MC Altaf recently launched his new track Likha Maine.
MC Altaf recently launched his new track Likha Maine.

MC Altaf: Sadly Indian music consumption is still dominated by Bollywood

Hip hop star MC Altaf admits that sometimes you need that one big banner film or actor to endorse a product or service in India for it to blow out of proportion.
By Juhi Chakraborty
PUBLISHED ON JUL 26, 2021 03:46 PM IST

Popular for his Bronx’s inspired approach to his music, hip-hop artiste, MC Altaf rose to fame after featuring in Zoya Akhtar’s fillm, Gully Boy in 2019. And while the film did push the genre and helped it become a bit mainstream, Altaf feels it’s still too soon to say whether hip hop has become widely accepted.

“I feel pop and Bollywood music has always overshadowed hip-hop, which has largely been an underrated genre. First it was imitation rap which was replaced by desi hip-hop, then gully hip-hop and I hope there comes a time when hip-hop doesn’t need any such sub genres and all Indian hip-hop is considered as mainstream,” says Altaf, adding that the need of the hour is “labels and promoters to believe in the genre and that rap and hip-hop artistes can command the same influence, respect and loyalty as commercial artists”.

More often than not it has been seen that there’s a need for Bollywood film music to help to push music of other kinds. The hip-hop star admits that sometimes you need that one big banner film or actor to endorse a product or service in India for it to blow out of proportion.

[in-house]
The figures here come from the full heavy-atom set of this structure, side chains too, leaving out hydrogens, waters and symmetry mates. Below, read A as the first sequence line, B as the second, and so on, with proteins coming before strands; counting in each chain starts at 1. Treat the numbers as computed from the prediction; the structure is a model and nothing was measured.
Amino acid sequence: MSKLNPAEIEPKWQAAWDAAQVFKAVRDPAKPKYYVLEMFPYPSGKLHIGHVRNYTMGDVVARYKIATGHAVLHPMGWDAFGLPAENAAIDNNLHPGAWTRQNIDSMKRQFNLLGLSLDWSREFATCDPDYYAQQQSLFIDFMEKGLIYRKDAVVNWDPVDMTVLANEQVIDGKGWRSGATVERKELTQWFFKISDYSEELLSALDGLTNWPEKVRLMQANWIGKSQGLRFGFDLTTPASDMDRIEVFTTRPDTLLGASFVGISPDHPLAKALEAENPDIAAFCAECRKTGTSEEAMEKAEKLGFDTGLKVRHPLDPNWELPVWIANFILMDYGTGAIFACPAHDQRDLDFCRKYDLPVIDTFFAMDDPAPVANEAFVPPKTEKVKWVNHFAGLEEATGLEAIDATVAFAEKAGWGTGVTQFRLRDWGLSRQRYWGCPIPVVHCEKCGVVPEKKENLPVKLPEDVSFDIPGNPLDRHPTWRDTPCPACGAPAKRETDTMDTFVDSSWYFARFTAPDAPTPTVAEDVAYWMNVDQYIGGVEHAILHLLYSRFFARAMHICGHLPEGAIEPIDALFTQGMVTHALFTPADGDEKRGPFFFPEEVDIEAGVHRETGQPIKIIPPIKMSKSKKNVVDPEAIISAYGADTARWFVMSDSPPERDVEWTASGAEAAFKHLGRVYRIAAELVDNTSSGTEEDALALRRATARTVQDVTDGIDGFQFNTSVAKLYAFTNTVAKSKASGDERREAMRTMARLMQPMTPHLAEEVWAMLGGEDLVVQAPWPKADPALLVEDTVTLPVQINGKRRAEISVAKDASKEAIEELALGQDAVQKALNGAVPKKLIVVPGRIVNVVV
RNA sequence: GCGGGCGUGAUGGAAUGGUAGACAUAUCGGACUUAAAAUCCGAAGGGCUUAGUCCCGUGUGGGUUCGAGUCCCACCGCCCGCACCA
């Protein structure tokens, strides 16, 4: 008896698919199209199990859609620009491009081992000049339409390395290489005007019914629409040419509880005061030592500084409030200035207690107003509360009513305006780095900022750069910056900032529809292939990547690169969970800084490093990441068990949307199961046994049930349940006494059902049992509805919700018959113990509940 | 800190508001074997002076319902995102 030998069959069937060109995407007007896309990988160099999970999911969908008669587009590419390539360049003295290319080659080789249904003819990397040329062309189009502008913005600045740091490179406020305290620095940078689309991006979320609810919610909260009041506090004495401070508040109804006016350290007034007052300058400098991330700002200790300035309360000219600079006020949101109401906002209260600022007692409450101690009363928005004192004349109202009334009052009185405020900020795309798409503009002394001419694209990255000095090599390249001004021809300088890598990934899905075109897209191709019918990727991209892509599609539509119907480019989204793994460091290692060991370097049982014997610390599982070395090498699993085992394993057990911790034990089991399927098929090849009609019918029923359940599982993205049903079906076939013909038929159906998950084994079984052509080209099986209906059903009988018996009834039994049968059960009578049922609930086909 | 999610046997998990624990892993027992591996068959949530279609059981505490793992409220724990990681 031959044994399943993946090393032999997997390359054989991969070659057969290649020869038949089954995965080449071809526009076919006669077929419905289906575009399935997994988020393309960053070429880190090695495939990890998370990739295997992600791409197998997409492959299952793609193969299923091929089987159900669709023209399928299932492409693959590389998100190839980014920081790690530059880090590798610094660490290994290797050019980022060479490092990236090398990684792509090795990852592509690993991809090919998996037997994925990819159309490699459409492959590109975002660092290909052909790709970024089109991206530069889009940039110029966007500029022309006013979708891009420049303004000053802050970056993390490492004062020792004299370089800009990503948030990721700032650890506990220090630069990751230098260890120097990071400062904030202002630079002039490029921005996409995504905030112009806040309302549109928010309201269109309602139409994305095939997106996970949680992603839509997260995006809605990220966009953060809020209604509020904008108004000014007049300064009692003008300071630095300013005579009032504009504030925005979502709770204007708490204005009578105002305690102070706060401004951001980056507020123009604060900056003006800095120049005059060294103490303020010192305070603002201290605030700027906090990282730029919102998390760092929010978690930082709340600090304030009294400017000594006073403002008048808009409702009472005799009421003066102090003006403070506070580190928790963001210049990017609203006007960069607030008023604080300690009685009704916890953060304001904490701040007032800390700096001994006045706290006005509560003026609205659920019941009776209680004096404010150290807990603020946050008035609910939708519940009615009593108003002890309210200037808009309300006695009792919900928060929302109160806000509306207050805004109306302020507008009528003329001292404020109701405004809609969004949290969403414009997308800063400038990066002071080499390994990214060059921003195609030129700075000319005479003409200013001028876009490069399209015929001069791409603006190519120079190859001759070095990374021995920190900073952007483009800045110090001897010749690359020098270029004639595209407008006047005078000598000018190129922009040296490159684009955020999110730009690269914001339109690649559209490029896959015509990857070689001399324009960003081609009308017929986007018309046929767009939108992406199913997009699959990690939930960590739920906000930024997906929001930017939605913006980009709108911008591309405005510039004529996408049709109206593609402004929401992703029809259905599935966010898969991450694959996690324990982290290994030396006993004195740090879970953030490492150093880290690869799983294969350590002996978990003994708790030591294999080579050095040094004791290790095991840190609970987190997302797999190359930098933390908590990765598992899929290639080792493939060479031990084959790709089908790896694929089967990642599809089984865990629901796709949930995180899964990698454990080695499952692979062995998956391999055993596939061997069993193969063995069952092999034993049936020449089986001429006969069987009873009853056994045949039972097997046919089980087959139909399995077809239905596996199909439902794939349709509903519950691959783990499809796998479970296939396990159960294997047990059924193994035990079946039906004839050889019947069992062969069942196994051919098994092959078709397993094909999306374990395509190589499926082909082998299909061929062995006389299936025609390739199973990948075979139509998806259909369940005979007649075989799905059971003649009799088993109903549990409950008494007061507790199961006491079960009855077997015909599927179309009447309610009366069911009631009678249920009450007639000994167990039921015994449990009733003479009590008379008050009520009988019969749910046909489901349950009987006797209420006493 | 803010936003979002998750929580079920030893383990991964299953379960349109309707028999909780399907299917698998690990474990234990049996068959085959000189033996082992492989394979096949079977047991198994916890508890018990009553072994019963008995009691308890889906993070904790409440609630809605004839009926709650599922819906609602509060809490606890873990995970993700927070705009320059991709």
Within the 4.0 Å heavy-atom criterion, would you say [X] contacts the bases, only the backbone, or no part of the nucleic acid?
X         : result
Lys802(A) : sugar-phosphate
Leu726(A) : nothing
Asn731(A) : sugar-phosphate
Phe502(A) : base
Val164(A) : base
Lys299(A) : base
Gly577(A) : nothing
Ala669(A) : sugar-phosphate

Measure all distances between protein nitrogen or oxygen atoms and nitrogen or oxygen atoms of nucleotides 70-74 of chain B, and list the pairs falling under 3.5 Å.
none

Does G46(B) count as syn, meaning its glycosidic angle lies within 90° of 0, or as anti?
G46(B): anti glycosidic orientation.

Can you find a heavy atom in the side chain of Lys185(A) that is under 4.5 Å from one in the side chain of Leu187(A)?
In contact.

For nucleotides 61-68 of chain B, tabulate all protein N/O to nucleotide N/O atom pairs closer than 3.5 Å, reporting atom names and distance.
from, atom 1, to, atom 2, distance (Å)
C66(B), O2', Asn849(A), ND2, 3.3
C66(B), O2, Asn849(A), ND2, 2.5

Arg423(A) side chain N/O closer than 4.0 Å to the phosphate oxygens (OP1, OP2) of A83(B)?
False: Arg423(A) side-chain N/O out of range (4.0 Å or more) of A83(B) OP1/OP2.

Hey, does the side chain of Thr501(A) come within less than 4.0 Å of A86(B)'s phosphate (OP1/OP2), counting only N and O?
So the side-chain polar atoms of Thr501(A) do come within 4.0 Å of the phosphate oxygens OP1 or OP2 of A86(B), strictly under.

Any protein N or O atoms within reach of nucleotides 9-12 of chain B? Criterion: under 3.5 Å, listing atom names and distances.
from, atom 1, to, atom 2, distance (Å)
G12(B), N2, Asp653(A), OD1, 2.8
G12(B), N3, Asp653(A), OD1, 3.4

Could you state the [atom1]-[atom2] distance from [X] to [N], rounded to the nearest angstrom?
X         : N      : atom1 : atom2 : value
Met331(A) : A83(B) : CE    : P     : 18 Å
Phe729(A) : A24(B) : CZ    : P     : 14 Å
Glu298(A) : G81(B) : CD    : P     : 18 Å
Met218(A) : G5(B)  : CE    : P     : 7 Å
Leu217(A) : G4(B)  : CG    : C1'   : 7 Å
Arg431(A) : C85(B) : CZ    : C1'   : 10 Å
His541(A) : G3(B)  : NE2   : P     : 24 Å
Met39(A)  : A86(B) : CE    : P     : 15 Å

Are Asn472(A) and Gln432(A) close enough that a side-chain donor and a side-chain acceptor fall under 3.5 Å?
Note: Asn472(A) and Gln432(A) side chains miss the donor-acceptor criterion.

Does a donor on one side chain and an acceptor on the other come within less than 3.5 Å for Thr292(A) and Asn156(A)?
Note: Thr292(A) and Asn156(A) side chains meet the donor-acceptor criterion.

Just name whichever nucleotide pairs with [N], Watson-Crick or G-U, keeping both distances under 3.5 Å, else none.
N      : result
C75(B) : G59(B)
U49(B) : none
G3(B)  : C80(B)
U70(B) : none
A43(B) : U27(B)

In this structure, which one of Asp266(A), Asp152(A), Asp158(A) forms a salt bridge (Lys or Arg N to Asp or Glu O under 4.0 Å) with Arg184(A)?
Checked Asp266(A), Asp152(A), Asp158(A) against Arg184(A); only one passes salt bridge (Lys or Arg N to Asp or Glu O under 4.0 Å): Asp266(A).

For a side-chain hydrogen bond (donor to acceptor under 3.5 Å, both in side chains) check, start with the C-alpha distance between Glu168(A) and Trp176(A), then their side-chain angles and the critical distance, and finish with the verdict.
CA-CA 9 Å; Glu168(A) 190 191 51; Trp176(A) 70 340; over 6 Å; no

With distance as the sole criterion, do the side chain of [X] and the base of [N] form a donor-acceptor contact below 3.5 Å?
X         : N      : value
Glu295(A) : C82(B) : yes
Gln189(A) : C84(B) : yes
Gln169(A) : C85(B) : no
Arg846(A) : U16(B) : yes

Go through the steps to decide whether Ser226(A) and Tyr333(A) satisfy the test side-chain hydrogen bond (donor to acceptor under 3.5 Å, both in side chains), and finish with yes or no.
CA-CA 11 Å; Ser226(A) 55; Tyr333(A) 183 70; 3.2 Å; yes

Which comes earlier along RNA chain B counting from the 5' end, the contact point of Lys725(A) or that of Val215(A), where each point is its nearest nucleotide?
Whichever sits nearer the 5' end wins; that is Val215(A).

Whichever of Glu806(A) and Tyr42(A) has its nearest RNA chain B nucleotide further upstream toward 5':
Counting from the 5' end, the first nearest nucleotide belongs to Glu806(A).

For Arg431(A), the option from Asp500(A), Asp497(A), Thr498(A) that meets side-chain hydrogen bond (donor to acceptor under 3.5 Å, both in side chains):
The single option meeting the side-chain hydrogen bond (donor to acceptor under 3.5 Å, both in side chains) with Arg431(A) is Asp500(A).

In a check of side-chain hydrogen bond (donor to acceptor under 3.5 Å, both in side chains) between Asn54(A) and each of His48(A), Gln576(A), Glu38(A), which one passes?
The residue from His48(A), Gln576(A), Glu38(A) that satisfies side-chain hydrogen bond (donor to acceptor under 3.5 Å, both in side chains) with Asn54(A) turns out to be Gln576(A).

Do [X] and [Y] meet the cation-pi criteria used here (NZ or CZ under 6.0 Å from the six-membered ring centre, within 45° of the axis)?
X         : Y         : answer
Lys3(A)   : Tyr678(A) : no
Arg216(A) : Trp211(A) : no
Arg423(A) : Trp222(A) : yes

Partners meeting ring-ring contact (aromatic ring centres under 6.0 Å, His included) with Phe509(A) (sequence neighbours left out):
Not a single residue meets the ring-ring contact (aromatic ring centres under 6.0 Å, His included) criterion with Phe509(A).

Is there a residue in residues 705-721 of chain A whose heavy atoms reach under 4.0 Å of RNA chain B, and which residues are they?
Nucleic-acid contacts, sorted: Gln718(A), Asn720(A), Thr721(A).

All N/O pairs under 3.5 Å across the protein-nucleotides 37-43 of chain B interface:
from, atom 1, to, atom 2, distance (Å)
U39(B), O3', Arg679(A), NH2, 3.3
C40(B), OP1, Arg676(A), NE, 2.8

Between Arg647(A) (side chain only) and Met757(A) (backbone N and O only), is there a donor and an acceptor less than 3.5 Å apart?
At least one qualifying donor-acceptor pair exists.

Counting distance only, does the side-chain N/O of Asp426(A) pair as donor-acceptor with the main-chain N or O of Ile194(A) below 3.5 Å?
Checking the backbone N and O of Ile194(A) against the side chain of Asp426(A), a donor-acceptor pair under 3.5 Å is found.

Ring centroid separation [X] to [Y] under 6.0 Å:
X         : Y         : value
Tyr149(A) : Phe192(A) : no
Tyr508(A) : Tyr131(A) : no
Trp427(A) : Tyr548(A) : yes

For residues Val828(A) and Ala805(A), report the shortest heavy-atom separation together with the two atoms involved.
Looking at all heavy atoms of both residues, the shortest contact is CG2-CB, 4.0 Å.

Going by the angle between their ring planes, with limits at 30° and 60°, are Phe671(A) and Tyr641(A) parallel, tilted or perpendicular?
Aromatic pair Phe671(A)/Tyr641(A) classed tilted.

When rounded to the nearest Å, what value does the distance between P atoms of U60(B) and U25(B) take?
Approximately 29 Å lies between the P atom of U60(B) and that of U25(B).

“Sadly, Indian music consumption is still dominated by Bollywood. Punjabi artistes were never popular till they began signing film deals and had well known actors endorsing their art. I guess it’s the same logic,” he opines.

As a rapper, hip-hop artiste, Altaf, who recently launched his new track Likha Maine, which he says is inspired by his reality and what surrounds him and many others on a daily basis, has a big dream for the genre in India. “I want the next Eminem, Jay-Z, Cardi B, Nicki Minaj and Drake coming out of India!” he says.

But the question remains — do we have enough people to back up such talents of hip-hop in our country?

Weighing in, Altaf says, “There are lots of upcoming artistes who aren’t yet exposed to large audiences. To keep the momentum, we’ll have to support new talented artistes who have the potential to bring a breath of fresh air.”

The musicians also feels that digital platforms should start documenting more of Indian hip-hop journey to create awareness. “It’ll also encourage the artistes. Hip-hop is not limited to writing about struggle, gully life or women and vices but it’s far beyond, which our listeners will take time to understand,” he ends.

Interact with the author @cjuhi

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